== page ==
The Idea of a Catholic University

Article excerpt

At a time when there is so much in this part of the world to depress and trouble us as to our religious prospects, the tidings which your circular conveys of the actual commencement of so great an undertaking on the other side of the ocean on the part of the Church will rejoice the hearts of all educated Catholics in these Islands."

John Henry Cardinal Newman wrote these words in 1885 to James Gibbons, the archbishop of Baltimore. The circular Newman referred to had announced the creation of The Catholic University of America, founded two years later. When he wrote this letter, Newman was nearing the end of a long life in the twilight of English Christianity. British intellectuals felt a growing freedom to reject the faith as unfounded, if not actually immoral. Charles Darwin compared the biblical God to a "revengeful tyrant."

This helps explain what depressed and troubled Newman, and why The Catholic University of America's founding delighted him. Catholic University was not precisely the sort of institution Newman envisioned in The Idea of a University. He frowned on the idea of a research university. (He believed that "to discover and to teach are distinct functions.., not commonly found united in the same person.") Catholic University began as a graduate research school that did not admit its first undergraduate until seventeen years after its founding. But such details mattered less to Newman than his grand vision. "The object of the Holy See and the Catholic Church in setting up Universities," he said in an 1856 sermon, as rector of the Catholic University of Ireland, "is to reunite things which were in the beginning joined together by God, and have been put asunder by man"--namely, faith and reason.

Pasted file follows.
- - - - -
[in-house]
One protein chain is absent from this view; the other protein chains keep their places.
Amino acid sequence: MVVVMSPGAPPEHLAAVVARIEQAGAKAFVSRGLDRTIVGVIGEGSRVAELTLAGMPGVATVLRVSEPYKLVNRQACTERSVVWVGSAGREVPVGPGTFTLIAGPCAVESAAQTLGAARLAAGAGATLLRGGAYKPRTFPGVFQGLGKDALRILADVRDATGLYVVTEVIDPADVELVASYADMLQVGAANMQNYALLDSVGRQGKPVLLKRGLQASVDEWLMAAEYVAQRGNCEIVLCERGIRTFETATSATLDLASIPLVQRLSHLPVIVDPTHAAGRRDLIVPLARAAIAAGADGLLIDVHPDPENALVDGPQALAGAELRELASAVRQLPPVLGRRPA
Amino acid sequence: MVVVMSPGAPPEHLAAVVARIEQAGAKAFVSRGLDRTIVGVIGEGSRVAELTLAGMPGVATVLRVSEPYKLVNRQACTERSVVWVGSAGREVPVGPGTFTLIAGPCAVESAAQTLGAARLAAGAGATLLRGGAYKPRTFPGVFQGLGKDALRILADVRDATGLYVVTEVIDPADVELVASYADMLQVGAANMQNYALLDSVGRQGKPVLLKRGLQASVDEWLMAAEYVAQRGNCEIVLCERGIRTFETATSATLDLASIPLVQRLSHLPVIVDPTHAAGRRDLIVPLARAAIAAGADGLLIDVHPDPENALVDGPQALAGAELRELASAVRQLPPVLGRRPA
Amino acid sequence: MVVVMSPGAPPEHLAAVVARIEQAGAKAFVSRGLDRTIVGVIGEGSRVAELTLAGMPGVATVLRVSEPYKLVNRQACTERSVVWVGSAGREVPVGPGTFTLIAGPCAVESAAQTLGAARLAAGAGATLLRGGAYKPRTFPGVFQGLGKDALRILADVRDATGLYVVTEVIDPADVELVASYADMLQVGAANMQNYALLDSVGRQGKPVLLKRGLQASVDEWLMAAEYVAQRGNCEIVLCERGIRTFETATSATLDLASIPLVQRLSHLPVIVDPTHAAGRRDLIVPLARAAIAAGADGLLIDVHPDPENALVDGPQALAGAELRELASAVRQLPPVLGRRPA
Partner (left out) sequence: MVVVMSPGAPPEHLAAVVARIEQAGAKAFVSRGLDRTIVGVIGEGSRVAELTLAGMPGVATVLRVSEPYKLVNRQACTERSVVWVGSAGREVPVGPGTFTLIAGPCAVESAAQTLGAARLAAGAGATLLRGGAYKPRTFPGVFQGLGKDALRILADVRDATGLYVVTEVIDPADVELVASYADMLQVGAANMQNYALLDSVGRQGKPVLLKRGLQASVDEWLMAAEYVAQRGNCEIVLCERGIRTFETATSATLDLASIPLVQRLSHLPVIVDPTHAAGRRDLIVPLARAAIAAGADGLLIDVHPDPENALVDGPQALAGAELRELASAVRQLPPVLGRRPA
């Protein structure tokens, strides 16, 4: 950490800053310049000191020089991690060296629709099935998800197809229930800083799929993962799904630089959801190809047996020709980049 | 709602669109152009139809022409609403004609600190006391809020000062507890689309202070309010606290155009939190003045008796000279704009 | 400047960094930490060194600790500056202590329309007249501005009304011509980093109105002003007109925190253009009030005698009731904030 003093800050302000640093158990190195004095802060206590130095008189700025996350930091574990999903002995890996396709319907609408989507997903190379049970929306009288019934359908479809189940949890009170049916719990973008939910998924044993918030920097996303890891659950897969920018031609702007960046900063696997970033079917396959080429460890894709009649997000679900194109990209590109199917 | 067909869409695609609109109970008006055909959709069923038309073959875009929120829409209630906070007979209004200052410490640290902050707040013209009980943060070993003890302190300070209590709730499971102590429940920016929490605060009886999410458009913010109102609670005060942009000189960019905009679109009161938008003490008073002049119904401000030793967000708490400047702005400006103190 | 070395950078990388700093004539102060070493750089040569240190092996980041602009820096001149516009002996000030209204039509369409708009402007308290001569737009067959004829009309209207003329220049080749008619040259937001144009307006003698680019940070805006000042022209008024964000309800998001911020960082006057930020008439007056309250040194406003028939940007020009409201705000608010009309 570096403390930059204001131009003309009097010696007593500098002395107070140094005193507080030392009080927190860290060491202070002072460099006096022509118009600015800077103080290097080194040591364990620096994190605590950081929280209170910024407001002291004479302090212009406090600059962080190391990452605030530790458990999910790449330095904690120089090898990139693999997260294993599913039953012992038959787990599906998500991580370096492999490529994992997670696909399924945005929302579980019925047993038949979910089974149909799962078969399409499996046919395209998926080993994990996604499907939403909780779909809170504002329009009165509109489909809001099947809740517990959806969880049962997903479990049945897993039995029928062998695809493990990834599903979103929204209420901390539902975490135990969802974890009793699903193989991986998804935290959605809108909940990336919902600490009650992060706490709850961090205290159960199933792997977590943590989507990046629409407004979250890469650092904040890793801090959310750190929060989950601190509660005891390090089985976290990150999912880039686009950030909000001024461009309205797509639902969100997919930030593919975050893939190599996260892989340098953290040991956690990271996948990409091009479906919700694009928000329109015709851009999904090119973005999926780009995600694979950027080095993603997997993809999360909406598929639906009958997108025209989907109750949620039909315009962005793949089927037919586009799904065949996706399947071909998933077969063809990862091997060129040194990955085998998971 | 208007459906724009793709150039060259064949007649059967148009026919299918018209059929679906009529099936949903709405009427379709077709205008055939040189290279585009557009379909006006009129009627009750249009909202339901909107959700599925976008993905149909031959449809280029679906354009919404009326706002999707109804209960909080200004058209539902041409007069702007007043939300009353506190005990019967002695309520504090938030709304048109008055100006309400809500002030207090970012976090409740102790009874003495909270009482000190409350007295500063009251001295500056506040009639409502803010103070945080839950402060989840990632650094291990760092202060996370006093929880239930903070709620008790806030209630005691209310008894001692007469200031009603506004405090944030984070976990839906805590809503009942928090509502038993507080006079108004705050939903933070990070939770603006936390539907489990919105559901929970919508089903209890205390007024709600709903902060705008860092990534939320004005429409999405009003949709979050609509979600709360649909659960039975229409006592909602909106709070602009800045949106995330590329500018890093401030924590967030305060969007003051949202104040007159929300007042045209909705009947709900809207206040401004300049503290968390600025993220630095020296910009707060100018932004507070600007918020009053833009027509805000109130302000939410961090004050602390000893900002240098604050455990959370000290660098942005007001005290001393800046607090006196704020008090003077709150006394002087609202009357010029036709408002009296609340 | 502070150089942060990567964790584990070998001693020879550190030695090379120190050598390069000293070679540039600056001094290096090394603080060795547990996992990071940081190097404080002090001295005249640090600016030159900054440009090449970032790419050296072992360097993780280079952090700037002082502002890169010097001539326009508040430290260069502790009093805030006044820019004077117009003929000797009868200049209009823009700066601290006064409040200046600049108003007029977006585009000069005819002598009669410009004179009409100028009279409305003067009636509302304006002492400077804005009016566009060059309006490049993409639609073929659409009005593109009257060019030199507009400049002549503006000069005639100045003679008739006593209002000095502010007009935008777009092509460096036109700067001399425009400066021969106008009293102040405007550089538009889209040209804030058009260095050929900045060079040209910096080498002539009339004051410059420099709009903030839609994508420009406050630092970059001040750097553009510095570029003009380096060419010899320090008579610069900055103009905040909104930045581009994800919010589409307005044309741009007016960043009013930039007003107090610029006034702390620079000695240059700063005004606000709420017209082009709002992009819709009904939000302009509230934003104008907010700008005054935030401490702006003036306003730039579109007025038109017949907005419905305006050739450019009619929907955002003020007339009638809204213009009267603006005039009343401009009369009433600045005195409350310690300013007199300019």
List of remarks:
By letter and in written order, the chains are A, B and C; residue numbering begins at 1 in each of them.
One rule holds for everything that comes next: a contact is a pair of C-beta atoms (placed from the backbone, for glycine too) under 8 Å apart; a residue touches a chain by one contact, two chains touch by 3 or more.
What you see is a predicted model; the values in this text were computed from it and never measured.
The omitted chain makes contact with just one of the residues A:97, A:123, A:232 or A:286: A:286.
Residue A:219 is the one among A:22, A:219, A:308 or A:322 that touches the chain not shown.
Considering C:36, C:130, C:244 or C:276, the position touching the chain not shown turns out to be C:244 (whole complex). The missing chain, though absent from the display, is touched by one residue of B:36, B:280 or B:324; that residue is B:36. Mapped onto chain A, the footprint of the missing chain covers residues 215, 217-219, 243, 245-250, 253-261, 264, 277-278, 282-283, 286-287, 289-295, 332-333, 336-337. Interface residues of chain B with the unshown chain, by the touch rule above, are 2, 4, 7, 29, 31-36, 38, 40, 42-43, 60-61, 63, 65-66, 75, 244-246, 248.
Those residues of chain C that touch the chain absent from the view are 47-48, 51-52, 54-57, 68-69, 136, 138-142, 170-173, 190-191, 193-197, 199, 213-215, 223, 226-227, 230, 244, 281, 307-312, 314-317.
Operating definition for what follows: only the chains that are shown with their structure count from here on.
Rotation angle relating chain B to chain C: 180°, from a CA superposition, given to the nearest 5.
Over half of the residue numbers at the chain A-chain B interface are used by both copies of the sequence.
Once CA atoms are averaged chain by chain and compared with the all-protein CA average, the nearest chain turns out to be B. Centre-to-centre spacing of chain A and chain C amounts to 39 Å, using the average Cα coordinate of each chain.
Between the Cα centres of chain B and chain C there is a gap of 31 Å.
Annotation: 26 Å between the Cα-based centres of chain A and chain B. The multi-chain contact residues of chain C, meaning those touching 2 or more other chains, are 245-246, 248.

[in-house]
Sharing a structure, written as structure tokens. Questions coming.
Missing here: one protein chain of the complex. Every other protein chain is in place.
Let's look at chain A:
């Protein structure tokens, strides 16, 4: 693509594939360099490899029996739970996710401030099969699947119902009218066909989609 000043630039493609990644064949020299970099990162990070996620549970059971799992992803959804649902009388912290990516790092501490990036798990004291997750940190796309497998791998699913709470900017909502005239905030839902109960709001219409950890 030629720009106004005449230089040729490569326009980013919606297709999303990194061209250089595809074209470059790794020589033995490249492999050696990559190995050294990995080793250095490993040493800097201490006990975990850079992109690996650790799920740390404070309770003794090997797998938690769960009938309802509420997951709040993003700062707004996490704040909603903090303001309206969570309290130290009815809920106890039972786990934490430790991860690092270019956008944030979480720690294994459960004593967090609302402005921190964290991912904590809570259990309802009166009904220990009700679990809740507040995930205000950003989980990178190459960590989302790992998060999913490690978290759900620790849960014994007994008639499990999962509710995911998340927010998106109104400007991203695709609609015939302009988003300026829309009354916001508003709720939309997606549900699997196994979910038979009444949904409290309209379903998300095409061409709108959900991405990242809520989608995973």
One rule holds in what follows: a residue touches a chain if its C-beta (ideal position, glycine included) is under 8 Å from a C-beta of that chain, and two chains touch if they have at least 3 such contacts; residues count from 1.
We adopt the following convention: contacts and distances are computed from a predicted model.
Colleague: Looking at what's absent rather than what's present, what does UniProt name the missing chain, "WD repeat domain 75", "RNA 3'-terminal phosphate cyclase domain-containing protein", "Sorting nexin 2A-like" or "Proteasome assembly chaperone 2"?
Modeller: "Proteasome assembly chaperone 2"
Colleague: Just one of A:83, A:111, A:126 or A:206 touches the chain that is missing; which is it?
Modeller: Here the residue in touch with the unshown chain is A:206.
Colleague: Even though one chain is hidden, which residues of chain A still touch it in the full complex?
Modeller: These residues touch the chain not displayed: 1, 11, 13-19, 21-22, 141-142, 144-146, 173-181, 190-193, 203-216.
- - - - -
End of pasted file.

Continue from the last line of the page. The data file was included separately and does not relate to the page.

More than a century after Newman's death, many American Catholic institutions are experiencing the same process of secularization that Oxford and other English institutions (including Parliament) experienced in his day. This has made the idea and role of Catholic universities less clear. With faculties far less clerical, indeed less Catholic, than in decades past, Catholic schools often struggle to identify what makes them unique.

Some schools identify their Catholic mission with the good works their students perform in a volunteer capacity, serving faraway missions and inner-city youth, the elderly, and the ill. Others conflate it with a fastidious practice of the faith--frequent opportunities to receive the sacraments, chapels in every dormitory, and so on.

No Catholic university can survive without these essential elements, but they are not sufficient to constitute a Catholic university. What unique purpose is served by a school where young Catholics learn to serve others and frequent the sacraments outside the classroom, only to learn in classes that their faith is irrelevant; that God is dead? Or that scientific truths about the world he created prove in fact that he does not exist? How would a school like that differ from a large state university with a good Newman Center and a flourishing culture of volunteerism?

What makes a Catholic university unique is the Catholic intellectual tradition that suffuses its academic work as well as its campus life. In our classrooms at Catholic University, we begin with the premise that we do well always and everywhere to serve God, and that all human knowledge works toward this end. We approach our work through the lens of faith--not only in our ecclesiastical faculties of philosophy, canon law, and theology but also in art, music, history, literature, law, architecture, and even the hard sciences.

Newman's 1856 sermon, preached on the feast of St. …